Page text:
This is an updated version of the product training course introduced by SUPPLY HOUSE TIMES in 1979, authored by Don Arnold.

Time for another definition. It isn't always clear to the uninitiated just what we mean by an “instant hot water dispenser.” After all, don't most plumbing systems make provisions for hot water? What's so unique about a product that delivers that? The uniqueness comes in the temperature of the water provided. Whereas your regular residential water heater typically furnishes water at temperatures up to 140°F, the instant hot water dispenser delivers it at near the boiling point - usually in the 190°F + range.

This product has the same function as the everyday tea kettle, providing hot water for instant beverages, soups, hot cereals, for thawing frozen foods, etc. Unlike the tea kettle, of course, this product is always ready to go. You activate the handle, and there it is - steaming hot water. Most models have a storage capacity of about two quarts. Even folks who understand the concept and purpose of an instant hot water dispenser, however, are sometimes puzzled about its construction. Why, for instance, if the dispensing valve is designed to handle a single fluid, are there often three or four different tubing connections involved in the process of hooking it up? The answer is related to the water's high temperatures. Without some means of handling the expansion of superheated water, a simple tank would act as a locked chamber, creating a dangerous situation. The solution is to provide a tank in which the heated water can be stored without being pressurized. Such a system necessitates routing the incoming supply water first through a valve in the dispensing head (above the counter). When activated, this valve permits water to pass down into the bottom of the storage tank, where it displaces heated storage water. This heated water then passes up through the tank's outlet tube to the spout where it is dispensed. In other words, as long as the activating valve remains off, there is no supply pressure on the tank; but once the valve is activated, water is permitted to flow through the tank and out to the spout.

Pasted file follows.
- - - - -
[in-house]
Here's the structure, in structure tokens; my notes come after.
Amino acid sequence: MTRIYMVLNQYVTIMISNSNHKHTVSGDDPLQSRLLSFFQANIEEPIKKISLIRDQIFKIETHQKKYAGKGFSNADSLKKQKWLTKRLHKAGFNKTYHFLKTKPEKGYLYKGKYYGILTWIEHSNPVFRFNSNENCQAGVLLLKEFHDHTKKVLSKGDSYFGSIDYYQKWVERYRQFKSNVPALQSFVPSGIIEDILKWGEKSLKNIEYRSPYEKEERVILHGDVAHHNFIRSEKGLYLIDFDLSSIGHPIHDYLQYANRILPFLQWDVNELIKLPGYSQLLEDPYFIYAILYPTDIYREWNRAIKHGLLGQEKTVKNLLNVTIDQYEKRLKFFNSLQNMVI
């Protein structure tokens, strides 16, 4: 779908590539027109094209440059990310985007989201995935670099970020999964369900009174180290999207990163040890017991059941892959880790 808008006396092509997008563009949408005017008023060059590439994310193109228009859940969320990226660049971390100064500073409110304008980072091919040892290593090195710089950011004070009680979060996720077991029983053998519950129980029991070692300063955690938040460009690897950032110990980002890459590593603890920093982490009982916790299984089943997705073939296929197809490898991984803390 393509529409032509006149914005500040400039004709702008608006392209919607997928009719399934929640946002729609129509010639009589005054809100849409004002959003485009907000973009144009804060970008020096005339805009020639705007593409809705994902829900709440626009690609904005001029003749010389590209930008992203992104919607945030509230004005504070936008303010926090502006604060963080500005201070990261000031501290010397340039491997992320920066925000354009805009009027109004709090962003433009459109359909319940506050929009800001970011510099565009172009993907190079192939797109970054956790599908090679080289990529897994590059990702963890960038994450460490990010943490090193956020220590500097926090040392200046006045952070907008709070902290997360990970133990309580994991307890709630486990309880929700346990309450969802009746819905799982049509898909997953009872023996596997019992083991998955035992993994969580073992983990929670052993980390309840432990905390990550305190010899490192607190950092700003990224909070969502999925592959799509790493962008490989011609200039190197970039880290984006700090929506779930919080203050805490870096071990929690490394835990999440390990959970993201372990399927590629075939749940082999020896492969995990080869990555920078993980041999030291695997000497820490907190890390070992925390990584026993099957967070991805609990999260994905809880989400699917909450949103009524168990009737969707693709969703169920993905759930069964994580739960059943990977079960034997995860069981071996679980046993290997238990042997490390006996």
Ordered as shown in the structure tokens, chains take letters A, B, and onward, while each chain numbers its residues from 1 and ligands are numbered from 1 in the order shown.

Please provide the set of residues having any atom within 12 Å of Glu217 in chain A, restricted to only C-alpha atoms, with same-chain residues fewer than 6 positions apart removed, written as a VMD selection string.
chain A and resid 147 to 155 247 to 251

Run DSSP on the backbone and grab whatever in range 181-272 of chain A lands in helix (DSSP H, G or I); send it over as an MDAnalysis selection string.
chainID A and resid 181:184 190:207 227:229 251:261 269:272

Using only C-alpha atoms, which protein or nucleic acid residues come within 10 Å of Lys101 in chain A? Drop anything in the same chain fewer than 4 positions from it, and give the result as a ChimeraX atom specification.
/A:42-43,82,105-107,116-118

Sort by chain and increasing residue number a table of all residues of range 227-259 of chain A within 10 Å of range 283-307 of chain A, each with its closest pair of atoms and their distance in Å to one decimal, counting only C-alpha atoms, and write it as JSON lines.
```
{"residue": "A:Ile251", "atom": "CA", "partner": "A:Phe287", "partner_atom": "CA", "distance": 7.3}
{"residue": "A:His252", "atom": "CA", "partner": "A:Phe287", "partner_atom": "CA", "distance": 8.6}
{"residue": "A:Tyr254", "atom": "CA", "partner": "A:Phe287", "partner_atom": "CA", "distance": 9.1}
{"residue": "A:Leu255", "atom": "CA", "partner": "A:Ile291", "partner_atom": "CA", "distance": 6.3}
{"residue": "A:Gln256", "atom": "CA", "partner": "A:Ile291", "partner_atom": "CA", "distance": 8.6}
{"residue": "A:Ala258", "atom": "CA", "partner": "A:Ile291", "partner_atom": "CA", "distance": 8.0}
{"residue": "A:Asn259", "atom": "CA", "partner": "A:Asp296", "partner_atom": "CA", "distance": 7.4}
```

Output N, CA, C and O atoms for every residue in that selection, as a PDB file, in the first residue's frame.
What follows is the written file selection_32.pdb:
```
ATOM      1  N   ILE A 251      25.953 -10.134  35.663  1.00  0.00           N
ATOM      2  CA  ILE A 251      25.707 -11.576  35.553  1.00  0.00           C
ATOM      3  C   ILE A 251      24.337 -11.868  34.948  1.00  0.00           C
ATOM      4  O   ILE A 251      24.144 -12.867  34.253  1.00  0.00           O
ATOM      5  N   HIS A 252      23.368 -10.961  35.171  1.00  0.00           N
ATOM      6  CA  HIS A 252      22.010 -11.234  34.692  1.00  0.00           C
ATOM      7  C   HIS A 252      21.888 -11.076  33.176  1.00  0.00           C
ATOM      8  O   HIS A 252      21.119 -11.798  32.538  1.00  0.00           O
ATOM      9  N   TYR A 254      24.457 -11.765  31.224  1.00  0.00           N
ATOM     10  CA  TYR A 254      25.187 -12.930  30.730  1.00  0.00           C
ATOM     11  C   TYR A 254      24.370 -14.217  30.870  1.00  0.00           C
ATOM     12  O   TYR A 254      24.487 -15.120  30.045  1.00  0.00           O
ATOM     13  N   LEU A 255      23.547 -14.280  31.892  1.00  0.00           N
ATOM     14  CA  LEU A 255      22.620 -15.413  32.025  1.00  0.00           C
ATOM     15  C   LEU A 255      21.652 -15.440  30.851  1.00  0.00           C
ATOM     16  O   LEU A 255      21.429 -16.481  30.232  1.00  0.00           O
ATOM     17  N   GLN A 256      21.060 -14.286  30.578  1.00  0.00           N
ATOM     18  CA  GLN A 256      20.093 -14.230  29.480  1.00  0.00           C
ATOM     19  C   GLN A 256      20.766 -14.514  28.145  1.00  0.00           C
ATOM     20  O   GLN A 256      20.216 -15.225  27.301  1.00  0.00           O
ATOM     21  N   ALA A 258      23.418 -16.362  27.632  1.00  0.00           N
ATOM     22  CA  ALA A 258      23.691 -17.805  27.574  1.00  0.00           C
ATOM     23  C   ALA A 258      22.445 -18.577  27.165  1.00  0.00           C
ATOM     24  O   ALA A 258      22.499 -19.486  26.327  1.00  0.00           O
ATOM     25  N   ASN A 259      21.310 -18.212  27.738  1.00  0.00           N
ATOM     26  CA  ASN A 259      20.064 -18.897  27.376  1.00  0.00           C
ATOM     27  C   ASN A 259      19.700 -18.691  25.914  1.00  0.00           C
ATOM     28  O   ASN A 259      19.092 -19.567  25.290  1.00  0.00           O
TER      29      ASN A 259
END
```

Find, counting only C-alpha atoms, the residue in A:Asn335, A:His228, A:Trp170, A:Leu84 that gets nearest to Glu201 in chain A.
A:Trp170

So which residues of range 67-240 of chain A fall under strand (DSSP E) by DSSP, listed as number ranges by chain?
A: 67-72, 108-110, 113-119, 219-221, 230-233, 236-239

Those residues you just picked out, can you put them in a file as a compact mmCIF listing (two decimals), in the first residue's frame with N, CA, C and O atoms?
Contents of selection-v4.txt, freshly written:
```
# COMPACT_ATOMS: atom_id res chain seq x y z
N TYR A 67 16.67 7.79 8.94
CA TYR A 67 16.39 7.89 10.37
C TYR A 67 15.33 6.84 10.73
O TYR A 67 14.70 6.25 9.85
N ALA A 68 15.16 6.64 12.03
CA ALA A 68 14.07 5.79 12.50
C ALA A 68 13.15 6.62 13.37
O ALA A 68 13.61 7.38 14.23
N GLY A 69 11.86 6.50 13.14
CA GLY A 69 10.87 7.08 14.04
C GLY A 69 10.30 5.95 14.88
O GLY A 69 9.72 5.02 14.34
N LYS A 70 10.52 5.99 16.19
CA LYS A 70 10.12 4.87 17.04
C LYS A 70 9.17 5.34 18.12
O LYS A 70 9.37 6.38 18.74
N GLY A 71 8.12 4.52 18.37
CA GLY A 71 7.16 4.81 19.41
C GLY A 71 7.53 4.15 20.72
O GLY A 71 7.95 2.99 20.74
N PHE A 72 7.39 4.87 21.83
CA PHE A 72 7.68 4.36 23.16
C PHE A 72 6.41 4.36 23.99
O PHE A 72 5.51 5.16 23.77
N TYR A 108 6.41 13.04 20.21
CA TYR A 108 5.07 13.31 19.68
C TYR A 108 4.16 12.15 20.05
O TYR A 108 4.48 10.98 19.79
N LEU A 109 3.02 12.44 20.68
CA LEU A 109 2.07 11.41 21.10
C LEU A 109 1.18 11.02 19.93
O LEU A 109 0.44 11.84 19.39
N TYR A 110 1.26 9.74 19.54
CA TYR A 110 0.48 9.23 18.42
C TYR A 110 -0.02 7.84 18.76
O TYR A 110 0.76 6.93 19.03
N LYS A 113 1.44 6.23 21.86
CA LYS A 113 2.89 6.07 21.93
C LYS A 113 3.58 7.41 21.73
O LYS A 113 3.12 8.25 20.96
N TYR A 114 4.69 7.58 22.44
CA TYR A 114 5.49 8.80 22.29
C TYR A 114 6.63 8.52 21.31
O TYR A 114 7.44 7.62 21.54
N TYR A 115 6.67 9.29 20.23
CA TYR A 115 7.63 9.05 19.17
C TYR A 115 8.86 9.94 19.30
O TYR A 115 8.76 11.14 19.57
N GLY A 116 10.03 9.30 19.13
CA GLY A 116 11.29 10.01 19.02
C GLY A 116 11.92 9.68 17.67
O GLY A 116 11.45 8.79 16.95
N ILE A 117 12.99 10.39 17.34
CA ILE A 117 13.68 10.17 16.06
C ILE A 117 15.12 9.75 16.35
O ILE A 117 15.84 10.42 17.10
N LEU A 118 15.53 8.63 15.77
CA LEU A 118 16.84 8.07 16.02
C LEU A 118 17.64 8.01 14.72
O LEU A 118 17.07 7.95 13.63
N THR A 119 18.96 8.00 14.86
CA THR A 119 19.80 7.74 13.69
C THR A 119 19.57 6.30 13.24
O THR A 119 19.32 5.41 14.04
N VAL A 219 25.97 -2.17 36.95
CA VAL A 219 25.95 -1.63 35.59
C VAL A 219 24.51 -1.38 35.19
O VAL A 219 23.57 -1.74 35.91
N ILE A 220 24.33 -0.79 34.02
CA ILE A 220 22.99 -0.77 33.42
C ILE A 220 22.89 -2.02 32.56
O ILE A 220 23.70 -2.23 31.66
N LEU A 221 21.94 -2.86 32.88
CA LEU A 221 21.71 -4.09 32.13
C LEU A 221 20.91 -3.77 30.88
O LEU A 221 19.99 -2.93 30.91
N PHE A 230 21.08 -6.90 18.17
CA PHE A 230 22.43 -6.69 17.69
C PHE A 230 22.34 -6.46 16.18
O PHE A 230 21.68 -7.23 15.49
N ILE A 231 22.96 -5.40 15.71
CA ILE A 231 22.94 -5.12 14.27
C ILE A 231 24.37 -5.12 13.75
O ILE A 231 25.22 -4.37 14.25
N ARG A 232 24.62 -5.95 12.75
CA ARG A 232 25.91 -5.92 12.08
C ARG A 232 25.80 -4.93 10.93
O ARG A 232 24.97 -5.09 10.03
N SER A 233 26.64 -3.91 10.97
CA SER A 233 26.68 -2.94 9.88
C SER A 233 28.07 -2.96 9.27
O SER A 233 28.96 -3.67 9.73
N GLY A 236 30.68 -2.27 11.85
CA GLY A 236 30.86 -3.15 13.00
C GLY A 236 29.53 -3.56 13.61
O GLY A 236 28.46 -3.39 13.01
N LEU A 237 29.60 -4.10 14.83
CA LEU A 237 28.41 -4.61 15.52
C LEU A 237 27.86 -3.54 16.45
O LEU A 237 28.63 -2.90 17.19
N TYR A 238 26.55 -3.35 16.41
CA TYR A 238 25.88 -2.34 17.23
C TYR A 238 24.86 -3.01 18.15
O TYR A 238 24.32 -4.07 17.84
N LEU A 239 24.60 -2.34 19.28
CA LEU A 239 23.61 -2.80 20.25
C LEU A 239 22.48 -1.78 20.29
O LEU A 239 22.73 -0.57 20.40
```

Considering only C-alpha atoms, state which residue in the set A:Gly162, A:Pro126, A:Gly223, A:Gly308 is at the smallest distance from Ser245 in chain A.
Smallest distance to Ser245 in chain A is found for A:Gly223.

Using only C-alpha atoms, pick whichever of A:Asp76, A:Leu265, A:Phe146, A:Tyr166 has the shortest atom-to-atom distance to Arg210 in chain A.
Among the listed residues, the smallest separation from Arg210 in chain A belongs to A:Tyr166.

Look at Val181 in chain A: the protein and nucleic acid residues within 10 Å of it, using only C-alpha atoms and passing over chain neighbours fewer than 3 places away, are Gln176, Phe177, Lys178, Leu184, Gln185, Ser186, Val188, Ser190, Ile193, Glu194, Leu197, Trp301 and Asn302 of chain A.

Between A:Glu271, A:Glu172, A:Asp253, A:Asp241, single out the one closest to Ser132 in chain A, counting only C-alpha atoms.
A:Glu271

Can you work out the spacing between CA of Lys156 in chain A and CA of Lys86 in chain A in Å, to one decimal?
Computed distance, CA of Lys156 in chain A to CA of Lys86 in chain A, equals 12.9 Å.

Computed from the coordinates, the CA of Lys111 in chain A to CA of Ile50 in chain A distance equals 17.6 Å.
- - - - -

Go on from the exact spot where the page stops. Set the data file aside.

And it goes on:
All heating tanks are built with a provision to handle the expansion of the water when heated (volume can grow as much as 5% when brought to the near-boiling level). Before we explain that, let's look at what would happen if there were no such provision for expansion. If you filled the tank with cold water right up to spout level and stopped, what would happen as the water began to heat? The expansion would cause the water to slowly drip out the spout until the entire tankful reached the maximum temperature. Needless to say, most folks wouldn't care for this, so manufacturers provide a means of handling expansion internally. Usually this is accomplished through the use of an expansion chamber - in some cases vented to the atmosphere - in other cases contained within a flexible bladder (also acted upon by atmosphere). With such a chamber, the increased volume of water is given a place to go without dripping from the spout.

So far, so good - we found a place to put our expanded water during the heating cycle. Now, how do we get it out of there to make room for more? Very simply, the expansion water gets “sucked” out of the chamber by the primary flow of water during the next activation of the system. This process is called aspiration. So that explains the number of tubes involved in the installation. One goes directly to the dispensing head valve from the supply line; one goes from there to the bottom of the tank; one from the tank back up to the spout, and in the case of vented models, one more connects the vent outlet of the expansion chamber to the dispensing head.

The design of the dispensing heads (faucet component) for instant hot systems has been evolving in recent years to include a cold water option (often for filtered and/or chilled water), as well as more decorative high-end constructions.